NEWPORT, R.I. (July 2, 2015) – With two staggered starts down, there is just one to go for the 2,800 Transatlantic Race 2015, and it is for the largest and fastest boats: the monohulls Comanche and Rambler 88, at 100 feet and 88 feet in length, respectively, and the multihulls Phaedo3 and Paradox, at 70 feet and 63 feet. All four vessels will rendezvous off Castle Hill Lighthouse on Sunday, July 5, with the multihulls scheduled to cross the line at 2 p.m. and the monohulls to follow a short while later. Currently, 32 other teams are headed to the race’s finish at The Lizard, having similarly started on either June 28 or July 1; the fleet numbered 38 originally, but Windfall withdrew prior to the second start and Privateer retired, due to technical issues, shortly after the second start.
(Thursday, July 2, 2015) – Yesterday’s second wave of starters in the Transatlantic Race 2015 have been enjoying substantially better conditions for their get-away from the US, compared to the first group that set sail last Sunday. While the latter endured a terrible first night thanks to a combination of light winds and lumpy seas, the former have made fast progress in 15-20 knot southwesterlies.
Frontrunner among yesterday’s starters was the 100ft maxi Nomad IV, chartered for this race by Clarke Murphy, which since starting has covered almost three times the number of miles than any the first group managed over the equivalent period.
The second of the three staggered start dates for the 50-boat Transatlantic Race 2015 got underway yesterday in a brisk southwesterly breeze just after 2 p.m. local time.
A line of thunderstorms, which had initially been forecast to come through at mid-day, passed over Newport just as the crews of 20 entries were waking to begin final preparations for the 2,800-mile race from Newport, R.I., to The Lizard off England’s southwestern tip.
By the time the first cannon sounded at 1:50 p.m., the sun was shining and the breeze was blowing, and the competitors reveled in the ideal conditions. First off the starting line were the five Class 40s, purpose-designed ocean racing yachts that are sailing with between two and four crew onboard, less than half what any other boat in the race is carrying.
The Class 40s are the smallest boats in the race but are likely to provide the most intense competition. The boats are very even in speed and are racing in a level class, which means the first boat across the finish line will win class honors.
Among the first starters of the Transatlantic Race 2015, waterline length is prevailing. The 138’ Mariette of 1915 was first to reach the strong southwesterlies yesterday and is now thundering east, in a rich get richer scenario.
The century-old schooner was this morning midway between the start and the southwestern corner of the ice exclusion zone, aimed at keeping competitors away from the Grand Banks and its hazards of thick fog, fishing boats, and, not least, icebergs drifting south on the Labrador Current. Mariette of 1915 has also put some 160 miles on second placed Scarlet Oyster, the British Oyster Lightwave 48 skippered by Ross Applebey.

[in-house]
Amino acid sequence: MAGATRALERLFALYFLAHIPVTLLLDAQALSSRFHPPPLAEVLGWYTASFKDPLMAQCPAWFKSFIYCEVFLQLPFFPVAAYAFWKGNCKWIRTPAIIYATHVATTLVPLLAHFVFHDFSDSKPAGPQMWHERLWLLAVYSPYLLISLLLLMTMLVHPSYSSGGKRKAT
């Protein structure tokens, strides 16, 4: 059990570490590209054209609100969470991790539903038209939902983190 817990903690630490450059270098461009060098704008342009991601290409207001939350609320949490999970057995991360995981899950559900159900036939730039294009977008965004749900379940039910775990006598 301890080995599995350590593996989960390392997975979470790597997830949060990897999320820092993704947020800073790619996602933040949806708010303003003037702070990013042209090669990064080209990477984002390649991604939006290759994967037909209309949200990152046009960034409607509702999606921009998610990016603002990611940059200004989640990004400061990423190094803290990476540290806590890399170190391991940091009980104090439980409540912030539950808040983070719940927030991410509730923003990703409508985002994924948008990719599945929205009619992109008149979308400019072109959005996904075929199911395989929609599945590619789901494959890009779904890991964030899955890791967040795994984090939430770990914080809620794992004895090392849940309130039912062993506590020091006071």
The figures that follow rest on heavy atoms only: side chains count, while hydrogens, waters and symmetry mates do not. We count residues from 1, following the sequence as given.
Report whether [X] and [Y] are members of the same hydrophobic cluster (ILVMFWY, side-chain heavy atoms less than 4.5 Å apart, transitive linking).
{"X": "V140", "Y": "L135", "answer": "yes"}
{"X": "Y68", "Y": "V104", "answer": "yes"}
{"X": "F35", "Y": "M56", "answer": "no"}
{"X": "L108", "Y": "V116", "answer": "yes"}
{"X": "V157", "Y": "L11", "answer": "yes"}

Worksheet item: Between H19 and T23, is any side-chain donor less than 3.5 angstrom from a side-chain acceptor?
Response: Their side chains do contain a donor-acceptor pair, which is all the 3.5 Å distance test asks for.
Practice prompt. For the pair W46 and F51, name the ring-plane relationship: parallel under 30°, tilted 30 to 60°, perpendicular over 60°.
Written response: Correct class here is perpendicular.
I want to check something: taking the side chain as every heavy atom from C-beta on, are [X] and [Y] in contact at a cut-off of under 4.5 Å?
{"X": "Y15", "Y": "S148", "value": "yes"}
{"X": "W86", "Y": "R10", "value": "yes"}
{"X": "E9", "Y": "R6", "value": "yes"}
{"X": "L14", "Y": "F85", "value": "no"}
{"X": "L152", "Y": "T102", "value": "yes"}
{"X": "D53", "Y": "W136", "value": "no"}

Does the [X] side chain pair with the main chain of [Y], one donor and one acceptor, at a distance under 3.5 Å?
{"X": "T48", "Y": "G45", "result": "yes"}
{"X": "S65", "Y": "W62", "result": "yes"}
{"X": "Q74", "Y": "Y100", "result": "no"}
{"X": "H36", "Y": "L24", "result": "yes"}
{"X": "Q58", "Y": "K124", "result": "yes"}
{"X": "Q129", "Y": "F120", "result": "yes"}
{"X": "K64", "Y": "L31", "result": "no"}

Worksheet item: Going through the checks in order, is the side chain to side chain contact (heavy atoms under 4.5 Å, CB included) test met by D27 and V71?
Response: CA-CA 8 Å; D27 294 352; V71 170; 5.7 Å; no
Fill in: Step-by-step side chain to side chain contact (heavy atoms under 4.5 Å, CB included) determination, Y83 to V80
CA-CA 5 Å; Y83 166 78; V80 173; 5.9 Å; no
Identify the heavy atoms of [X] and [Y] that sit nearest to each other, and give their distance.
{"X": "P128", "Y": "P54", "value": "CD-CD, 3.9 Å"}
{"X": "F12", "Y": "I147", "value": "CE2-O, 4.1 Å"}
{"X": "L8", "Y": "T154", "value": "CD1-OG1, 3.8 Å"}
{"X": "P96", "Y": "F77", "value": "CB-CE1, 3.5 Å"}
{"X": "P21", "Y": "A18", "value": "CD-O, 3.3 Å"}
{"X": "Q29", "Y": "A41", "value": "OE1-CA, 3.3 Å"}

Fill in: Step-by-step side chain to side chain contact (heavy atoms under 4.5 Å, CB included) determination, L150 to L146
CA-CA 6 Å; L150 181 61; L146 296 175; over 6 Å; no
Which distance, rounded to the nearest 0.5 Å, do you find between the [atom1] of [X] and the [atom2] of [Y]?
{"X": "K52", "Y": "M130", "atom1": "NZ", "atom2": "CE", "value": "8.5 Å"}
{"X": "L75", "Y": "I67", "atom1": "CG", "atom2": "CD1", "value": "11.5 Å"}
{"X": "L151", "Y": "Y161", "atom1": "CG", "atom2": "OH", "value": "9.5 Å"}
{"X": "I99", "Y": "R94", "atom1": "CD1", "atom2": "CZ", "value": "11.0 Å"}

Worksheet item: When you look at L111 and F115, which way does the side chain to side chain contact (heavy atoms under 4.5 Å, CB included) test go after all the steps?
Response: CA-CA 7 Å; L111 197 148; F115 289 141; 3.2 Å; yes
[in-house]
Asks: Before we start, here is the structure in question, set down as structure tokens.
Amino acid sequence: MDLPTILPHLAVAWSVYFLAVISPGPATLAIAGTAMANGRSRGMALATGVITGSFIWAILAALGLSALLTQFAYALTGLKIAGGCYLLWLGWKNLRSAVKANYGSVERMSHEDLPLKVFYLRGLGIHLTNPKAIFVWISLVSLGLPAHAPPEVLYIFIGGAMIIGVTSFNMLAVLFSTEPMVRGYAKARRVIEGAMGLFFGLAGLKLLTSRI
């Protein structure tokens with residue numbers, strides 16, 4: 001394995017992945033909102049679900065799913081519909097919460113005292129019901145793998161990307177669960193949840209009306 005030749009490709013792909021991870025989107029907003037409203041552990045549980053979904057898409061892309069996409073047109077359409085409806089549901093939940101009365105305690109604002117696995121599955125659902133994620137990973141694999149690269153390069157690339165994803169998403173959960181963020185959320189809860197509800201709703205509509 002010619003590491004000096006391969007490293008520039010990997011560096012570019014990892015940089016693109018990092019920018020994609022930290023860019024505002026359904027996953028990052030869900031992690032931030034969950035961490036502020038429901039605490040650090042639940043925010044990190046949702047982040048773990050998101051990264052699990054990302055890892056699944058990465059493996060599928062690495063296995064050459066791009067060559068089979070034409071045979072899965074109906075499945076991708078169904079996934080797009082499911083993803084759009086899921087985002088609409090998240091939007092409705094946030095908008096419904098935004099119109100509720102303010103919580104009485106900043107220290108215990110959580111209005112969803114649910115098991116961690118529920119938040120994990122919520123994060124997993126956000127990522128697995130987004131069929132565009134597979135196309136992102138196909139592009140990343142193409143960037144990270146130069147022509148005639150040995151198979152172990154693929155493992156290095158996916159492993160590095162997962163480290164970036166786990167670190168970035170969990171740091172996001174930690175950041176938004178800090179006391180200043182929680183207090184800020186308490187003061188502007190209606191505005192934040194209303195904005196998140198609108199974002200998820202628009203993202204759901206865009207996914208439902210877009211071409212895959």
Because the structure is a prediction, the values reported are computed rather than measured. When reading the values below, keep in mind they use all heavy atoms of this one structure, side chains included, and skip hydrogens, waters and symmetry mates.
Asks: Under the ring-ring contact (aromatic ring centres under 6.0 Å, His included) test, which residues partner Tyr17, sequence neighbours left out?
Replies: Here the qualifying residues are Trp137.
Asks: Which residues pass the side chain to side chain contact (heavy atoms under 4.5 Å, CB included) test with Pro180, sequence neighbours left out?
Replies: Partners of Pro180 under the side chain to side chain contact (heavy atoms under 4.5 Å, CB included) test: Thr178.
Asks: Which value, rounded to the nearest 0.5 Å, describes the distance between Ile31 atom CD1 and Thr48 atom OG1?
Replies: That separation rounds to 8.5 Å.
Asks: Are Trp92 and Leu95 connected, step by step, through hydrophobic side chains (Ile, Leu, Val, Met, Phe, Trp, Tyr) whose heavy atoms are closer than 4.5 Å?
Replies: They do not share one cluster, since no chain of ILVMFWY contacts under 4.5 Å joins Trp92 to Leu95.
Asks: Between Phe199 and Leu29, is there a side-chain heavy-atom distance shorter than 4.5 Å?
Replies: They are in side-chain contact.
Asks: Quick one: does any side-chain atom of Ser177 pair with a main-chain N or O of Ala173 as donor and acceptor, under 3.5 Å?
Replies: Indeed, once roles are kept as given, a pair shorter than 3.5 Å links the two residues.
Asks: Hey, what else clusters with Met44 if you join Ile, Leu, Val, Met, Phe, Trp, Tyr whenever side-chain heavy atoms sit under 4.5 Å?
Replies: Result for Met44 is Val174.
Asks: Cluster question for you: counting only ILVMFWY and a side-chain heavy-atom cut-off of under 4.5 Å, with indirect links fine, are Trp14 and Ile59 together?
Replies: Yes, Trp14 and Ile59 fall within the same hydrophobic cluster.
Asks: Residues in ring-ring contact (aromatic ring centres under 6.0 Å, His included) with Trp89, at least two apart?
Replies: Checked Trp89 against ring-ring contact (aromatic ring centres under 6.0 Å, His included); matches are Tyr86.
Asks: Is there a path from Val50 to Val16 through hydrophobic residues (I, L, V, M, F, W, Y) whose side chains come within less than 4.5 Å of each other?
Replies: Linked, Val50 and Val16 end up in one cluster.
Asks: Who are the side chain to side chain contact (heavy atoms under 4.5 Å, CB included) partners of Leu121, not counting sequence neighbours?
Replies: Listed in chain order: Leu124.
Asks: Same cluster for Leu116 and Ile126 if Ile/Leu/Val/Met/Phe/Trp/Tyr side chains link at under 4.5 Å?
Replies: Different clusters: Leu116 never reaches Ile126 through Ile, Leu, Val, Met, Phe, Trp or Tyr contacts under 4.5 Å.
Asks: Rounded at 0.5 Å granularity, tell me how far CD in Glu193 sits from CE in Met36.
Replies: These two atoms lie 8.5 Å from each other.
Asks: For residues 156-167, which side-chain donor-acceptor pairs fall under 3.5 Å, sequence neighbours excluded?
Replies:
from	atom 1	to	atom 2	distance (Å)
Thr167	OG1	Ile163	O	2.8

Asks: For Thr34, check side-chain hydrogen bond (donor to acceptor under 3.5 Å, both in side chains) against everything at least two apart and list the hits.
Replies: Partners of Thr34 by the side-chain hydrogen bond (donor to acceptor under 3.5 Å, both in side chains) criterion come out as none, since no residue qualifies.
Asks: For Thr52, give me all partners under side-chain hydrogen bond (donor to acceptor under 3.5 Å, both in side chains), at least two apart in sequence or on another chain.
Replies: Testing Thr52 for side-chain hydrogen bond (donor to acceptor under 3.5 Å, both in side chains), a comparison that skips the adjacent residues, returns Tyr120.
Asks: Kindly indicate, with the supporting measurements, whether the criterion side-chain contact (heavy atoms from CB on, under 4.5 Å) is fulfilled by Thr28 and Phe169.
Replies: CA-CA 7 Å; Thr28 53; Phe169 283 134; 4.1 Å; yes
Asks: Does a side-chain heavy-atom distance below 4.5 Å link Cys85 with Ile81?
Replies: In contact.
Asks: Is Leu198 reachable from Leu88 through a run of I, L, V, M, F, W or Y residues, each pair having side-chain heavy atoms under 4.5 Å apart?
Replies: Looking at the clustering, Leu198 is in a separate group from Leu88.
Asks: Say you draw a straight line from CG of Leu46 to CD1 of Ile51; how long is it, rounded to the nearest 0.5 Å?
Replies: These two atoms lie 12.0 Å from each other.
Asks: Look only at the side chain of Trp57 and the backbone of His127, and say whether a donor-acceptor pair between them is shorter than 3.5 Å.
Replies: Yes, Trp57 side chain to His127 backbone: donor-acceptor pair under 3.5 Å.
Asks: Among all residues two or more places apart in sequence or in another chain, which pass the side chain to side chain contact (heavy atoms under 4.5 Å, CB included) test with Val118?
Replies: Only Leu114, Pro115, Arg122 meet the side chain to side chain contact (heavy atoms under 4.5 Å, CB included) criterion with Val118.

With 13 boats having left Sunday (June 28) on the 2,800-mile Transatlantic Race 2015, a second group of 20 is likewise due to begin the journey this Wednesday (July 1) from a staging area across from Castle Hill Lighthouse in Narragansett Bay’s East Passage. It is ashore on the lighthouse’s rocky perch that the New York Yacht Club’s Race Committee sets itself up to sight the start (1:50 warning signal for the day’s first start at 2 p.m.), and it is there and on the opposite Jamestown shore that hundreds of people turn out to wave bon voyage to the fleet and revel in the spirit of adventure that permeates the air. With the largest, fastest, most powerful boats being saved for last (their start is on Sunday, July 5), this lot – with five Class 40s, 10 IRC Racer/Cruisers and five IRC Racing entrants – will have ample muscles to flex for its own duly impressive showing.
Local Volvo Ocean Race/Team Alvimedica heroes Charlie Enright and Mark Towill will sail on Bryon Ehrhart’s Chicago entrant Lucky in IRC Racing class, while the world’s most recognizable single-handed sailor, Sir Robin Knox-Johnston, will sail with four others on his Open 60 Grey Power in that same class. In 1969, Sir Robin became the first person to sail alone non-stop around the world. Since, he has circumnavigated the earth three more times (once on his own and twice with crew), but the 76-year-old is quick to point out that two others in his crew have sailed around the world singlehanded as well: India’s Dilip Donde and France’s Bernard Gallay. “If you include me, that’s 60 percent of our crew and 1 ½ percent of the 200 people in the world who’ve ever done it,” he said, adding that, by comparison, 680 people have gone into space.
Sir Robin Knox-Johnston, the first man to sail around the world solo and non-stop, will sail his Open 60 Grey Power with four others in the Transatlantic Race 2015. (photo credit Jan Harley/Media Pro)
Filling the final two Grey Power crew spots are Monaco’s Joshua Warren and the UK’s David Aisher, past Commodore of the Royal Ocean Racing Club, one of the event’s four hosts. (Royal Yacht Squadron, New York Yacht Club and Storm Trysail Club are the others.) While many boats will sail with 12-15 crew members, Sir Robin, who sailed Grey Power to third in last November’s 3,542 mile single-handed Transatlantic Route du Rhum, says five won’t leave him shorthanded. “The boat is designed for one person so I think we’ll manage to do all right (laughs),”he said, “but we aren’t expecting to win overall. We have a terrible rating. If Rambler 88 (a boat in the third start trying to break the race record) crosses in 6 ½ days, we have to do it in eight – that just isn’t going to happen. The priority is to get across safely, and after that, as fast as we can.”